The consequences will be far-reaching. If Iran opts to remain in compliance, the Europeans will maintain their sanctions relief, at least until the US imposes so-called secondary sanctions against their banks and companies for continuing to do business with Iran. That will cause enormous resentment in Europe, where doubts about President Trump are already rife. Hard to see how our traditional allies will continue to support us on many issues if the Administration makes the mistake of undermining the JCPOA.
In the less likely event that Tehran decides to renege on the deal, the Europeans may back reimposition of sanctions, but Iran would soon (a year?) have nuclear weapons. That might precipitate an Israeli or an American attack on Iran’s nuclear facilities, with no prospect however of delaying Iran’s acquisition of nuclear weapons by more than the eight years or more left on the JCPOA clock. It will be necessary to periodically attack Iran’s nuclear facilities, with devastating consequences for Middle East (and global) stability, as Tehran will strike back in Iraq, Syria, Yemen, Lebanon, and possibly even the US.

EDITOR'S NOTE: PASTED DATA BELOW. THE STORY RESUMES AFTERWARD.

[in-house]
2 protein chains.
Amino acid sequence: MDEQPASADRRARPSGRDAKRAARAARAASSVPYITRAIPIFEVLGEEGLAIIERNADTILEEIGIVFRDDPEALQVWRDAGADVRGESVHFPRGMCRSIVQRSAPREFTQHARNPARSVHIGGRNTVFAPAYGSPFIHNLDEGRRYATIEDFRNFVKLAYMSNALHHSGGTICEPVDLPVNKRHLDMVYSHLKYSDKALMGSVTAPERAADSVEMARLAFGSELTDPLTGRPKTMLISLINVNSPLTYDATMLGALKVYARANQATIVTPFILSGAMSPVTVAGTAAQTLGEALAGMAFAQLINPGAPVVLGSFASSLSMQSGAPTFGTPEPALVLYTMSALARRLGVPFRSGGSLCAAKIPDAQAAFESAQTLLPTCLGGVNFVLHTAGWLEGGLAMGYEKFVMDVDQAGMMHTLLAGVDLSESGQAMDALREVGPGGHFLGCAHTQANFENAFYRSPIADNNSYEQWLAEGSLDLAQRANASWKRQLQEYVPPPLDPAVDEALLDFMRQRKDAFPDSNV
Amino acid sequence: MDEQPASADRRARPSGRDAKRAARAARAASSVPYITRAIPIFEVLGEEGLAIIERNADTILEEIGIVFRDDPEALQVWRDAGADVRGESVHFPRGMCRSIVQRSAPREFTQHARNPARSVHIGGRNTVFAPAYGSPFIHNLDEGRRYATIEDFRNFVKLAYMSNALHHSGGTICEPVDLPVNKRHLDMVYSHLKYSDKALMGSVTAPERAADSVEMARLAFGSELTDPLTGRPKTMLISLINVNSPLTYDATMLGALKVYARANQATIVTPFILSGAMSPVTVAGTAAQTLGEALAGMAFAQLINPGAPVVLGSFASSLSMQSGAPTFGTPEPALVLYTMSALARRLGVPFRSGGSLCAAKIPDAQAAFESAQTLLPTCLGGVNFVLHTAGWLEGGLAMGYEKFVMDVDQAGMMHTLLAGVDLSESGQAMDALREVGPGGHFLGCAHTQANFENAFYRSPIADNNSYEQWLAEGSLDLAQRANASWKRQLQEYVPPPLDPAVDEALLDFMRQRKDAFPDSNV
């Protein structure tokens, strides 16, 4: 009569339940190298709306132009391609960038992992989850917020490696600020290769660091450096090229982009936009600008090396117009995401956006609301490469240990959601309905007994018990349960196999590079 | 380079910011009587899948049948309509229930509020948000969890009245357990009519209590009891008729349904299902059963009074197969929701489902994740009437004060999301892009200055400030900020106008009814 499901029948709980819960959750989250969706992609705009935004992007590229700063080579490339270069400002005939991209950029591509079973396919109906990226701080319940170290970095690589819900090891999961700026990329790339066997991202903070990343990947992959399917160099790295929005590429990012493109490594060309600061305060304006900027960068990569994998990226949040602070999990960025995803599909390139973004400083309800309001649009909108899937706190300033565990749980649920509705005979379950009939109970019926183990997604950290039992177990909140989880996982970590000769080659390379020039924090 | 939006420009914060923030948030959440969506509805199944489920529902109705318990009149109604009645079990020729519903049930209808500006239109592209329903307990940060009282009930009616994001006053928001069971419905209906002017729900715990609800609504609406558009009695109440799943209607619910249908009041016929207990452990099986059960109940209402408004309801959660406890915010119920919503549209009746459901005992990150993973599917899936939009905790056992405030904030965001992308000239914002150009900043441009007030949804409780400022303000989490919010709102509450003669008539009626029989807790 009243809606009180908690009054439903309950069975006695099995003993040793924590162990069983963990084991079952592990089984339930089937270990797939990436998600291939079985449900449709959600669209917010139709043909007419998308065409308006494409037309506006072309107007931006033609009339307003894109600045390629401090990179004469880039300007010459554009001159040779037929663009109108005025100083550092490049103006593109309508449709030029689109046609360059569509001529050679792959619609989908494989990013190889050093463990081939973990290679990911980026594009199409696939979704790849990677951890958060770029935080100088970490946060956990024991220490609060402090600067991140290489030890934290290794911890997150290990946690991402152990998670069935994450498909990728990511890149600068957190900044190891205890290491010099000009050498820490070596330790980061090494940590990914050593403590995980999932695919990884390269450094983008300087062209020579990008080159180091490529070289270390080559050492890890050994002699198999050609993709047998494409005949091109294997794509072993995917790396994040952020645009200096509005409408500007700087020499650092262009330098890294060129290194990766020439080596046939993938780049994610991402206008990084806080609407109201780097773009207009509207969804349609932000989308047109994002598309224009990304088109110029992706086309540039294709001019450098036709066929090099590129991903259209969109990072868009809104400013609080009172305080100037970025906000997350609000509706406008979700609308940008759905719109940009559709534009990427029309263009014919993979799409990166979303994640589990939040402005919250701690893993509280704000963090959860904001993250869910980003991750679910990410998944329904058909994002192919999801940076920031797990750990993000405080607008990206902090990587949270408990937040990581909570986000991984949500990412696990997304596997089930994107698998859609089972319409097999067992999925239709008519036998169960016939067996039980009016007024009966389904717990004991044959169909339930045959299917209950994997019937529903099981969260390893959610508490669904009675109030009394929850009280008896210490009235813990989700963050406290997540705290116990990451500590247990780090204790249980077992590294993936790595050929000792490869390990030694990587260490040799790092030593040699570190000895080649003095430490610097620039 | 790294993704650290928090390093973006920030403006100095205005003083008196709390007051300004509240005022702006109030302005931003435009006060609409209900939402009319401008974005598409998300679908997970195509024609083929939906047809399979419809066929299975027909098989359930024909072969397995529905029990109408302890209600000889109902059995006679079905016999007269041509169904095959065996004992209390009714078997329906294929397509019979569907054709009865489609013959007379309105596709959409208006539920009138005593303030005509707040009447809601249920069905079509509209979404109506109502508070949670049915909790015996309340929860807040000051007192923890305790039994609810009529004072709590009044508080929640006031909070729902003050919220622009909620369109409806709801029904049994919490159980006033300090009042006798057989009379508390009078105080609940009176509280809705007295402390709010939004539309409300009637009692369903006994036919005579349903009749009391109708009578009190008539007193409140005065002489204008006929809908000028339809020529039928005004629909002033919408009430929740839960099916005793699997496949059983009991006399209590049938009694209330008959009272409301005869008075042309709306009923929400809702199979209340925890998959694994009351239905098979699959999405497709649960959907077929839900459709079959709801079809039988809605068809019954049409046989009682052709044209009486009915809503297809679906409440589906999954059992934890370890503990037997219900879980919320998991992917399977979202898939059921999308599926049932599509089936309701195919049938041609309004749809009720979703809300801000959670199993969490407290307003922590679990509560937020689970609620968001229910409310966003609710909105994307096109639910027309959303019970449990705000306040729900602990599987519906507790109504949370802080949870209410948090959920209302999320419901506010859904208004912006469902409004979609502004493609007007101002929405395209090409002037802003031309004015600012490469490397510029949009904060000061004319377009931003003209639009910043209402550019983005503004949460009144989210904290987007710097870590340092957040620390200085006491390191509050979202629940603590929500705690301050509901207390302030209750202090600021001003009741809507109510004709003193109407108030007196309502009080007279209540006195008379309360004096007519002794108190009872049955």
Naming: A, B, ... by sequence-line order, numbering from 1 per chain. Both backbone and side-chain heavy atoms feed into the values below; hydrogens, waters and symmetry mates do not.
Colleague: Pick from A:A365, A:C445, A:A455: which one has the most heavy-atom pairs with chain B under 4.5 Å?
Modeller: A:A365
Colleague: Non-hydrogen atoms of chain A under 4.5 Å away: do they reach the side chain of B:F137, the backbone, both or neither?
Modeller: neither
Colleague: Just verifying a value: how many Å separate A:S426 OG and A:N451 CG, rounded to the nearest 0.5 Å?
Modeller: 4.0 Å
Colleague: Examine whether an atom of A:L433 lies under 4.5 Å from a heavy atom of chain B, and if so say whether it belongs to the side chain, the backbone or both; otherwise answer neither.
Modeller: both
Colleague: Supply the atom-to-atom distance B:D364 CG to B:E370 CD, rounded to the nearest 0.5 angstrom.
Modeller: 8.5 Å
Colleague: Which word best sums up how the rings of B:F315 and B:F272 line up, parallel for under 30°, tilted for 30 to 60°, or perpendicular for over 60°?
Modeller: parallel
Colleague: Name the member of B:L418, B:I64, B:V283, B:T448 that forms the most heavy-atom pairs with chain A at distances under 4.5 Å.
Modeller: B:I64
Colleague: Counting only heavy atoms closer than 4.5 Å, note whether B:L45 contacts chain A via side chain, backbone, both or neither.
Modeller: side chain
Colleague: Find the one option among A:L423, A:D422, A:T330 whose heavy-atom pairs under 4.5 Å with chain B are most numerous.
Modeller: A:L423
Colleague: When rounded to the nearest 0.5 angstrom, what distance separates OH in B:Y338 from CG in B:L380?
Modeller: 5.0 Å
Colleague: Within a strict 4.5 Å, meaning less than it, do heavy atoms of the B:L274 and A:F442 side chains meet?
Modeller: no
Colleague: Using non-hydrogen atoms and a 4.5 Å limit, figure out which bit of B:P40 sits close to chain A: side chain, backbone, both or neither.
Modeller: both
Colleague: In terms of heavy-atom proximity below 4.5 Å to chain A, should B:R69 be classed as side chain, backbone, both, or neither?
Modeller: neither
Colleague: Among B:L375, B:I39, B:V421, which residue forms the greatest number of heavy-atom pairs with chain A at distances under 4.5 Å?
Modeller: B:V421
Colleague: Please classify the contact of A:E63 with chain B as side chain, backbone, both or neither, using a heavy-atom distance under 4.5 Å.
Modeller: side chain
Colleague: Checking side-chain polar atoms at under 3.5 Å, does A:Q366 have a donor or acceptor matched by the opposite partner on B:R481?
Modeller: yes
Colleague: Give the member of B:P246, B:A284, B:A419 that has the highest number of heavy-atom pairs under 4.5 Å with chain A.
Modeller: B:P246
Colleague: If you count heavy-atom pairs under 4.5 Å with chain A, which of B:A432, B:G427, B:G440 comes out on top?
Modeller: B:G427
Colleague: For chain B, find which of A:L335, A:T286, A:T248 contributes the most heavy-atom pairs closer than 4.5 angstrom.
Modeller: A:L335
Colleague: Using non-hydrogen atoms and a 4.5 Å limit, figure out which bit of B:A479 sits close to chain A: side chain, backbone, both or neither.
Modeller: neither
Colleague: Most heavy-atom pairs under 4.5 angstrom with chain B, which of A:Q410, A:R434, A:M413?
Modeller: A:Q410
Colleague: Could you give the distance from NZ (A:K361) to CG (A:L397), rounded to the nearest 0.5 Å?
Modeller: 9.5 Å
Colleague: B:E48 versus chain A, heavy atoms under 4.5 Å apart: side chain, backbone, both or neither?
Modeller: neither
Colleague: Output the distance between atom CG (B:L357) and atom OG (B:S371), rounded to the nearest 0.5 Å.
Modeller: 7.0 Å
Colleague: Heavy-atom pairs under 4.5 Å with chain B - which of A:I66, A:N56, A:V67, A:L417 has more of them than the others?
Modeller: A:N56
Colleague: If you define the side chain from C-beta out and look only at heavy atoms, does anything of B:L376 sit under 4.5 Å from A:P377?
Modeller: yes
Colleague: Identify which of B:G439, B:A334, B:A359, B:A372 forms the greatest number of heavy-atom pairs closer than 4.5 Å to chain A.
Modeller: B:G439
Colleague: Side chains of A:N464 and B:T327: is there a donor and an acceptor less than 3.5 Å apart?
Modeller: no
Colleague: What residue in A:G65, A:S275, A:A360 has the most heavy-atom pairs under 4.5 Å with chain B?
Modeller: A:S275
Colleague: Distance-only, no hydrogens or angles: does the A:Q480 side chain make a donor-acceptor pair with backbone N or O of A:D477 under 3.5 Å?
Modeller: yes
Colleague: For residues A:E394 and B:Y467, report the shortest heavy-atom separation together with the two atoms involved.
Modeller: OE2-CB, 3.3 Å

Meanwhile, on the other side of the planet, North Korea’s Kim Jong-un will be confirmed in his view that only nuclear weapons and the capacity to strike the US will protect his regime from an American attack. Prospects for a negotiated freeze or other limitations on Pyongyang’s nuclear capabilities would go to zero fast, if they are not already there.
Trump likes to overplay his hand, then distract attention so that he can cave. That won’t work well with Iran and North Korea, both of which understand perfectly well how lousy America’s alternatives to a negotiated agreement on their nuclear programs are. Both regimes, once upon a time two-thirds of the “axis of evil,” have understood the other third’s mistake: Saddam Hussein didn’t pursue nuclear weapons aggressively enough to forestall an American invasion.